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The Government Accountability Office (GAO) recently reported that acquisition program costs typically run 26 percent over budget, with development costs exceeding initial estimates by 40 percent. Moreover, many programs fail to deliver capabilities when promised, experiencing a 21-month delay on average. The report attributes the "optimistic assumptions about system requirements, technology, and design maturity [that] play a large part in these failures" to a lack of disciplined systems engineering analysis early in the program. What acquisition managers do not always realize is the importance of focusing on software engineering during the early systems engineeringeffort. Improving on this collaboration is difficult partly because both disciplines appear in a variety of roles and practices. This post, the first in a series, addresses the interaction between systems and software engineering by identifying the similarities and differences between the two disciplines and describing the benefits both could realize through a more collaborative approach.
Origins of Systems Engineering and Software Engineering
Systems engineering is an interdisciplinary field of engineering that focuses on how to design and manage complex engineering projects over their lifecycles. System engineering textbooks first appeared around 1960, long before the advent of software engineering. However, systems engineering only emerged as a discipline (complete with journals, documented practices, and academic departments) in the 1990s, well after software engineering had been an established field in computer science. As part of the maturation of systems engineering, two capability models were created that documented its practices; by the time they had been merged and then folded into the Capability Maturity Model Integration (CMMI) model, they had become mainstream. Standards were written in the 1990s that document systems engineering, and in the 2000s they generally have been harmonized with software standards.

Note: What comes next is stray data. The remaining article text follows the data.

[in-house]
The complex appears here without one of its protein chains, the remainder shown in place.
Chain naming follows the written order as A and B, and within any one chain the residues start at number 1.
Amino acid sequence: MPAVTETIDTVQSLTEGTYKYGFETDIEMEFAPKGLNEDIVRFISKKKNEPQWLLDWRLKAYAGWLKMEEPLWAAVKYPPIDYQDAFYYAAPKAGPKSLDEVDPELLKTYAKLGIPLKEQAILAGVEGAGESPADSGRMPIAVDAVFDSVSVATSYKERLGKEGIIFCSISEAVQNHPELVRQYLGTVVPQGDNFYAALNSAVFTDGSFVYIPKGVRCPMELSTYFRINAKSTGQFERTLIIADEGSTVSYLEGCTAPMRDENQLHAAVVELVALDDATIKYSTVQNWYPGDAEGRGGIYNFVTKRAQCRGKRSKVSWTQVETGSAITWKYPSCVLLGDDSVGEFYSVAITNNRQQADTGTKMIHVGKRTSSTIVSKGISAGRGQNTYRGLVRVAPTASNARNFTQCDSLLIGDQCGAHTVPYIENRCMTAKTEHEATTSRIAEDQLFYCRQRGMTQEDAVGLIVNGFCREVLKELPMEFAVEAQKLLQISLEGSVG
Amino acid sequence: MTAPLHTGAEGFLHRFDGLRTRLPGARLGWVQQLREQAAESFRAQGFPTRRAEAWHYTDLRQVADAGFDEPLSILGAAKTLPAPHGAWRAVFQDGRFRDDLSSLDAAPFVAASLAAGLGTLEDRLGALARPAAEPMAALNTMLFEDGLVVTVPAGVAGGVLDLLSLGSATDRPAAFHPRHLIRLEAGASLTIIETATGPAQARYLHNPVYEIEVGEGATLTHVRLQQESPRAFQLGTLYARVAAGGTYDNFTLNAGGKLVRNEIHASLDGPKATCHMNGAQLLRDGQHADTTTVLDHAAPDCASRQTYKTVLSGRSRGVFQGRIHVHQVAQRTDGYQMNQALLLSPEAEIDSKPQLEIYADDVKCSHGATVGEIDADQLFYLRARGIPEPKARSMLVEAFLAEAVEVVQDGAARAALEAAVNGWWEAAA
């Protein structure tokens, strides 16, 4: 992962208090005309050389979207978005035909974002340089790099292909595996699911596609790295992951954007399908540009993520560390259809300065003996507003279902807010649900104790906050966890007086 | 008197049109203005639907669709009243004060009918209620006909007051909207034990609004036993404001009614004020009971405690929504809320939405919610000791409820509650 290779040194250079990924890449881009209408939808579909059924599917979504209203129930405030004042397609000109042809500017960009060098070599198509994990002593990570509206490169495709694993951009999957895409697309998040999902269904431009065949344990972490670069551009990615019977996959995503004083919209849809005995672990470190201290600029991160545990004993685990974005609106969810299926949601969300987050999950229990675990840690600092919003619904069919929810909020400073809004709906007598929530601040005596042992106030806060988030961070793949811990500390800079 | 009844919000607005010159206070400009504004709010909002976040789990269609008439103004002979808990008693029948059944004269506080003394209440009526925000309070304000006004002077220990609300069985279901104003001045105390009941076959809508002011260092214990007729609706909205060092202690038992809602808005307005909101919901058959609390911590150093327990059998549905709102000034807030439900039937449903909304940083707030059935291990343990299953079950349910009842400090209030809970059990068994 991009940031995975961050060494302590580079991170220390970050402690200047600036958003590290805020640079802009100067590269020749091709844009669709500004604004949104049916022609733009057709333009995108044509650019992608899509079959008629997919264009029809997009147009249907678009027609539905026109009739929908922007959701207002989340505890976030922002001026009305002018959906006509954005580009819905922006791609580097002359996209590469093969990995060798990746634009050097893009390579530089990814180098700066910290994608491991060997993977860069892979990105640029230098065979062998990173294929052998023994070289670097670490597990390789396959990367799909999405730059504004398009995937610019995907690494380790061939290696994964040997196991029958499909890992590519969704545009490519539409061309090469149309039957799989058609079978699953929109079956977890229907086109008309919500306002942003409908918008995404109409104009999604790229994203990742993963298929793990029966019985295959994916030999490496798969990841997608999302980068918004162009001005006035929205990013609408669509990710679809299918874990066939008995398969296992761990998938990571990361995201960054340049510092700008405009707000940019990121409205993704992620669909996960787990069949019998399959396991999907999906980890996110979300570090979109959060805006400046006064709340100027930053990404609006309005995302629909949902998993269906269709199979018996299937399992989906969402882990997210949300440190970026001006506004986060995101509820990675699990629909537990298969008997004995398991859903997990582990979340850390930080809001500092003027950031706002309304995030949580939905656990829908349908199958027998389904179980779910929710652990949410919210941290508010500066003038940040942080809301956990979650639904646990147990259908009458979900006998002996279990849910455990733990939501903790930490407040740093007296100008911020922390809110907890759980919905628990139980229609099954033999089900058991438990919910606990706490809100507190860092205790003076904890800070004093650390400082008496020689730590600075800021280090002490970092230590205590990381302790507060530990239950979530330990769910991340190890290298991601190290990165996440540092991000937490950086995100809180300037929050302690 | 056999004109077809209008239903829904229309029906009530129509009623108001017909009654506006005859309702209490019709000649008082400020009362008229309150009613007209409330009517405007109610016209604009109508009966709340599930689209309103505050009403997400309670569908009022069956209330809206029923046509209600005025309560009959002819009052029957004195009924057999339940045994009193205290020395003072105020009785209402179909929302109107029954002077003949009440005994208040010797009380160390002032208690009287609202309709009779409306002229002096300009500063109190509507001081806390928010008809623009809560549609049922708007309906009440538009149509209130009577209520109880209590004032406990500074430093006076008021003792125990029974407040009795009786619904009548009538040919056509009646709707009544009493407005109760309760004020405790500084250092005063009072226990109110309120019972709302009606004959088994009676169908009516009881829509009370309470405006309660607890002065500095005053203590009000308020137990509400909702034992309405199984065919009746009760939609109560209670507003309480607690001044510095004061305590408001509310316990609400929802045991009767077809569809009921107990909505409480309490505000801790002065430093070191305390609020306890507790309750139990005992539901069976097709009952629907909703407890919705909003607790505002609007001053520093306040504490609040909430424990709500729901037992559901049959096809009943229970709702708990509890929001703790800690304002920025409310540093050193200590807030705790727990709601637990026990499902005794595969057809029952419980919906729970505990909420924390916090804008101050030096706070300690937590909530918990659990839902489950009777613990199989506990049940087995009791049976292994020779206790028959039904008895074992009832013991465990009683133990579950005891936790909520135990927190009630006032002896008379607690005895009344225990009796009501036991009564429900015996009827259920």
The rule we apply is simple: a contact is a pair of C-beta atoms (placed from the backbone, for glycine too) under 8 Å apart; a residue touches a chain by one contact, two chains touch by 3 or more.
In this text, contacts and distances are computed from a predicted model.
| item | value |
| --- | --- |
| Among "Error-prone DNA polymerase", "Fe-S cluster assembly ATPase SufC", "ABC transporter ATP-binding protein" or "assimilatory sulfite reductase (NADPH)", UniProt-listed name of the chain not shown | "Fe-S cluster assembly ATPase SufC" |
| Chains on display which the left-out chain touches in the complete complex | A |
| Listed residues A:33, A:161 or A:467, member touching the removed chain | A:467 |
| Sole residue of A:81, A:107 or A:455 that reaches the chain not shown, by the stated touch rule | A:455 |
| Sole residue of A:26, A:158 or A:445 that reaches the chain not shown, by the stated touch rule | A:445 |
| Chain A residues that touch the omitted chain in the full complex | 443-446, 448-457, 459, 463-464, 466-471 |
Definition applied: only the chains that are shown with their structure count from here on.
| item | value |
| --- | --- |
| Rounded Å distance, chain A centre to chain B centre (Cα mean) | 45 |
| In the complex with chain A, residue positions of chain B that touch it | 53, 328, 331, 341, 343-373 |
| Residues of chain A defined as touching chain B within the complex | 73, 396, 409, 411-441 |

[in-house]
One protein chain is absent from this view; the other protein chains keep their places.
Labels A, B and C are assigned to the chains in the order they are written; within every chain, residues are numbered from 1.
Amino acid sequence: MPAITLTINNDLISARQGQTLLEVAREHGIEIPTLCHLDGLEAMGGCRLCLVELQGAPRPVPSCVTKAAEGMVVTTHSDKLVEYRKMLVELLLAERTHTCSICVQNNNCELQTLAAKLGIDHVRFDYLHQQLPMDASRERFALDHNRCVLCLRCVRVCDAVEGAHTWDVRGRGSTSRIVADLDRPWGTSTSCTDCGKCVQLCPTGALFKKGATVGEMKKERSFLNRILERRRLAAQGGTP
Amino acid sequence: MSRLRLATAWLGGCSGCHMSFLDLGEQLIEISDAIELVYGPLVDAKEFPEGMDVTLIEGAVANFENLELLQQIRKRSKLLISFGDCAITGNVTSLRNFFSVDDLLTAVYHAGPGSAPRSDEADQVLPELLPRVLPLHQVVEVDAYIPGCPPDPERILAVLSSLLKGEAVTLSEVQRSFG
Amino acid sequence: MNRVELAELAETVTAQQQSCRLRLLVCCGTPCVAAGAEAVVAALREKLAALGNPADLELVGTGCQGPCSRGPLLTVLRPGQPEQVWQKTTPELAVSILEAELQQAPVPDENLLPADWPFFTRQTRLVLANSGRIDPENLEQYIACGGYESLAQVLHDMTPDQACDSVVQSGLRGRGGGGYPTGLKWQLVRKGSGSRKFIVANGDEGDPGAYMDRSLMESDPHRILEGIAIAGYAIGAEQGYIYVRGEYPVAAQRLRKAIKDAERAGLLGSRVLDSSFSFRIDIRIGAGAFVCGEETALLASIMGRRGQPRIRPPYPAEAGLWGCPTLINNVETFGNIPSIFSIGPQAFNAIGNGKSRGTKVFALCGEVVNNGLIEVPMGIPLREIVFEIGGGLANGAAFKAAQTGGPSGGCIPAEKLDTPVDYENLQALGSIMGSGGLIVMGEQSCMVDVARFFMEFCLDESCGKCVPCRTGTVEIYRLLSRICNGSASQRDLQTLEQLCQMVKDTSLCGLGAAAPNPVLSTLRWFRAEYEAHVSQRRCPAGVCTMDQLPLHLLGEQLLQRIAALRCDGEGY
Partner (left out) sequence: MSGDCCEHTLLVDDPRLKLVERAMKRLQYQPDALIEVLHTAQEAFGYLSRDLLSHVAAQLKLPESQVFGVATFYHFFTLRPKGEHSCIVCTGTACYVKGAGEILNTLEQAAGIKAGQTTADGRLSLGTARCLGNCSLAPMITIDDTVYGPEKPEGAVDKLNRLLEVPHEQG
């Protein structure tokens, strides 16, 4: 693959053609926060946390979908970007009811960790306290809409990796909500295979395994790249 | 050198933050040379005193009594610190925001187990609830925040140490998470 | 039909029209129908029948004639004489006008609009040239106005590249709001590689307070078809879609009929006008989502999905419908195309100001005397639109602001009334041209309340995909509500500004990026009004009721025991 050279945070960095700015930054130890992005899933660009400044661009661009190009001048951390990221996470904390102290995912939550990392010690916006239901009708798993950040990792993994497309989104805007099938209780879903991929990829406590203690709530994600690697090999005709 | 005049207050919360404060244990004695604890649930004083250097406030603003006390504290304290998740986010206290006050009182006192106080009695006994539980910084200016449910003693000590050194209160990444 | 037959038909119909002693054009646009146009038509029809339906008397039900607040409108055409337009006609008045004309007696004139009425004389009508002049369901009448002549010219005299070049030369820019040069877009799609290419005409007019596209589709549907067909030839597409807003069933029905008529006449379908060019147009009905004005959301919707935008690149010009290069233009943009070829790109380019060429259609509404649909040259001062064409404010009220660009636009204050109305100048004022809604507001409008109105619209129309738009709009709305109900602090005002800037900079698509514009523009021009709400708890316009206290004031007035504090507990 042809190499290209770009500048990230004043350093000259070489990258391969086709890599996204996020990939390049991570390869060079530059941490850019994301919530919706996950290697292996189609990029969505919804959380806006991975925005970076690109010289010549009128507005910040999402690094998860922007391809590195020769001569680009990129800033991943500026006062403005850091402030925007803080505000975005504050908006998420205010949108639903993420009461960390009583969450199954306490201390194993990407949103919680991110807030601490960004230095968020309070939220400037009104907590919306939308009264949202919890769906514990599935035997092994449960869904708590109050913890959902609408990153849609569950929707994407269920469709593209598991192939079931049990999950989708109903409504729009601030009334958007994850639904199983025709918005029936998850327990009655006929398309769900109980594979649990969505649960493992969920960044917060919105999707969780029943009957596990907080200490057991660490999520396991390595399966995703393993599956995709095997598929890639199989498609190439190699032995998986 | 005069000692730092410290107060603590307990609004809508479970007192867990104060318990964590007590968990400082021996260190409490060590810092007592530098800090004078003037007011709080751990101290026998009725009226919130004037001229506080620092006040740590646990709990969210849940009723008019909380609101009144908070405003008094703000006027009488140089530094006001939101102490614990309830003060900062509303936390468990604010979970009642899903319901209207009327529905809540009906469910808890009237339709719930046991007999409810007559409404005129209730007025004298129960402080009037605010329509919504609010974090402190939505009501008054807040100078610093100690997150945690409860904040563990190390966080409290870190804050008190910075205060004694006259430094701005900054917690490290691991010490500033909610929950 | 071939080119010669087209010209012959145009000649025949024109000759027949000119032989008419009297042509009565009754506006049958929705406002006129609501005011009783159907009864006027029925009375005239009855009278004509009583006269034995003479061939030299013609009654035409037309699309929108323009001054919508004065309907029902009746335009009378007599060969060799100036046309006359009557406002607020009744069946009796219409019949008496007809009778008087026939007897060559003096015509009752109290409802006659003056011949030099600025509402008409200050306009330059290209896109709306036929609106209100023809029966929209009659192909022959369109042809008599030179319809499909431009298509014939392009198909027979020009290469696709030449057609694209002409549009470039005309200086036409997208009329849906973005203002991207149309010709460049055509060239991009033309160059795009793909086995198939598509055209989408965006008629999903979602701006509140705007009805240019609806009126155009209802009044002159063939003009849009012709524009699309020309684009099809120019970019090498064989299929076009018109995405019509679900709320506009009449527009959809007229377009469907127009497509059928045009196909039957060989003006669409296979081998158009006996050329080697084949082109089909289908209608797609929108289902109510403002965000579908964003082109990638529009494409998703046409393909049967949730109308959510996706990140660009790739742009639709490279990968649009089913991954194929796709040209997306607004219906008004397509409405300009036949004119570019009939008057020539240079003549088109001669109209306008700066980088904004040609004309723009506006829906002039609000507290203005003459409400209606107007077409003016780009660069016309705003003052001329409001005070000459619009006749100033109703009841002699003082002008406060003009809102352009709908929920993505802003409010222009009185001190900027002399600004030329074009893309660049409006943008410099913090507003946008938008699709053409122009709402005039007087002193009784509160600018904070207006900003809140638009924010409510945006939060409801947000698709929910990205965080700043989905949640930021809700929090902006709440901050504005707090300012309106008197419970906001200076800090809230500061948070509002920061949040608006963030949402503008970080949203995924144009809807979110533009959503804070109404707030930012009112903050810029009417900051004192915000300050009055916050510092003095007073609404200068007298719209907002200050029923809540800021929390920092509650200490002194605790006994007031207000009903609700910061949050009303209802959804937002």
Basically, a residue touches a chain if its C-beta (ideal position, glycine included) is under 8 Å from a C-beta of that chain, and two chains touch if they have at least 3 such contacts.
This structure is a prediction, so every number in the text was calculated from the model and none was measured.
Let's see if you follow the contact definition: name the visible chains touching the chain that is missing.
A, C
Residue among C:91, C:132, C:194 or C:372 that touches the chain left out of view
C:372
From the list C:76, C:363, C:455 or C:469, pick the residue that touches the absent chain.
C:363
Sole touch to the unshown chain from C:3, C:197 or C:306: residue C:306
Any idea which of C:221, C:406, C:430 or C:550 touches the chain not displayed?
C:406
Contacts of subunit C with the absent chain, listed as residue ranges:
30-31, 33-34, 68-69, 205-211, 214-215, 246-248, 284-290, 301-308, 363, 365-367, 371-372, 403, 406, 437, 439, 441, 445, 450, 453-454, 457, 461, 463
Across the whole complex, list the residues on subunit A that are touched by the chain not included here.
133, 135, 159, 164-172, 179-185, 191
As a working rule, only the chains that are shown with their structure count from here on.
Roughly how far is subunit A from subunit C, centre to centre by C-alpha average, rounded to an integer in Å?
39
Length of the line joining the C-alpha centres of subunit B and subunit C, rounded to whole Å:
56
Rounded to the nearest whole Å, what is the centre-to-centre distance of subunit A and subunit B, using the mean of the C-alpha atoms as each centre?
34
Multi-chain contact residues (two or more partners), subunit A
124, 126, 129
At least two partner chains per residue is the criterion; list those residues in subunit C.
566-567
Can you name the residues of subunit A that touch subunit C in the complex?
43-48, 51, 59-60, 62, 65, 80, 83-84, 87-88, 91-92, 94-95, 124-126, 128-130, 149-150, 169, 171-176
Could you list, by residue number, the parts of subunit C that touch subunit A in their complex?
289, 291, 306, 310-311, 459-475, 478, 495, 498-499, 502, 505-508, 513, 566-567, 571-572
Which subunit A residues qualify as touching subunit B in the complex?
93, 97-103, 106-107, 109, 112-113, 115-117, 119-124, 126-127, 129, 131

The discipline of software engineering traces its roots to a 1968 NATO conference when Mary Shaw named "software engineering" as an aspiration, a field that was needed but not yet developed. Over the next several decades, software engineering both became better defined and grew in new directions. In 1996 Shaw categorized software engineering eras as "Programming-any-which-way," (1955-1965), "Programming-in-the-small," (1965-1975), "Programming-in-the-large" (1975-1985), and as "Programming-in-the-world" (1985-1995). The field continues to evolve, with recent focus on topics such as mobile programming and big data.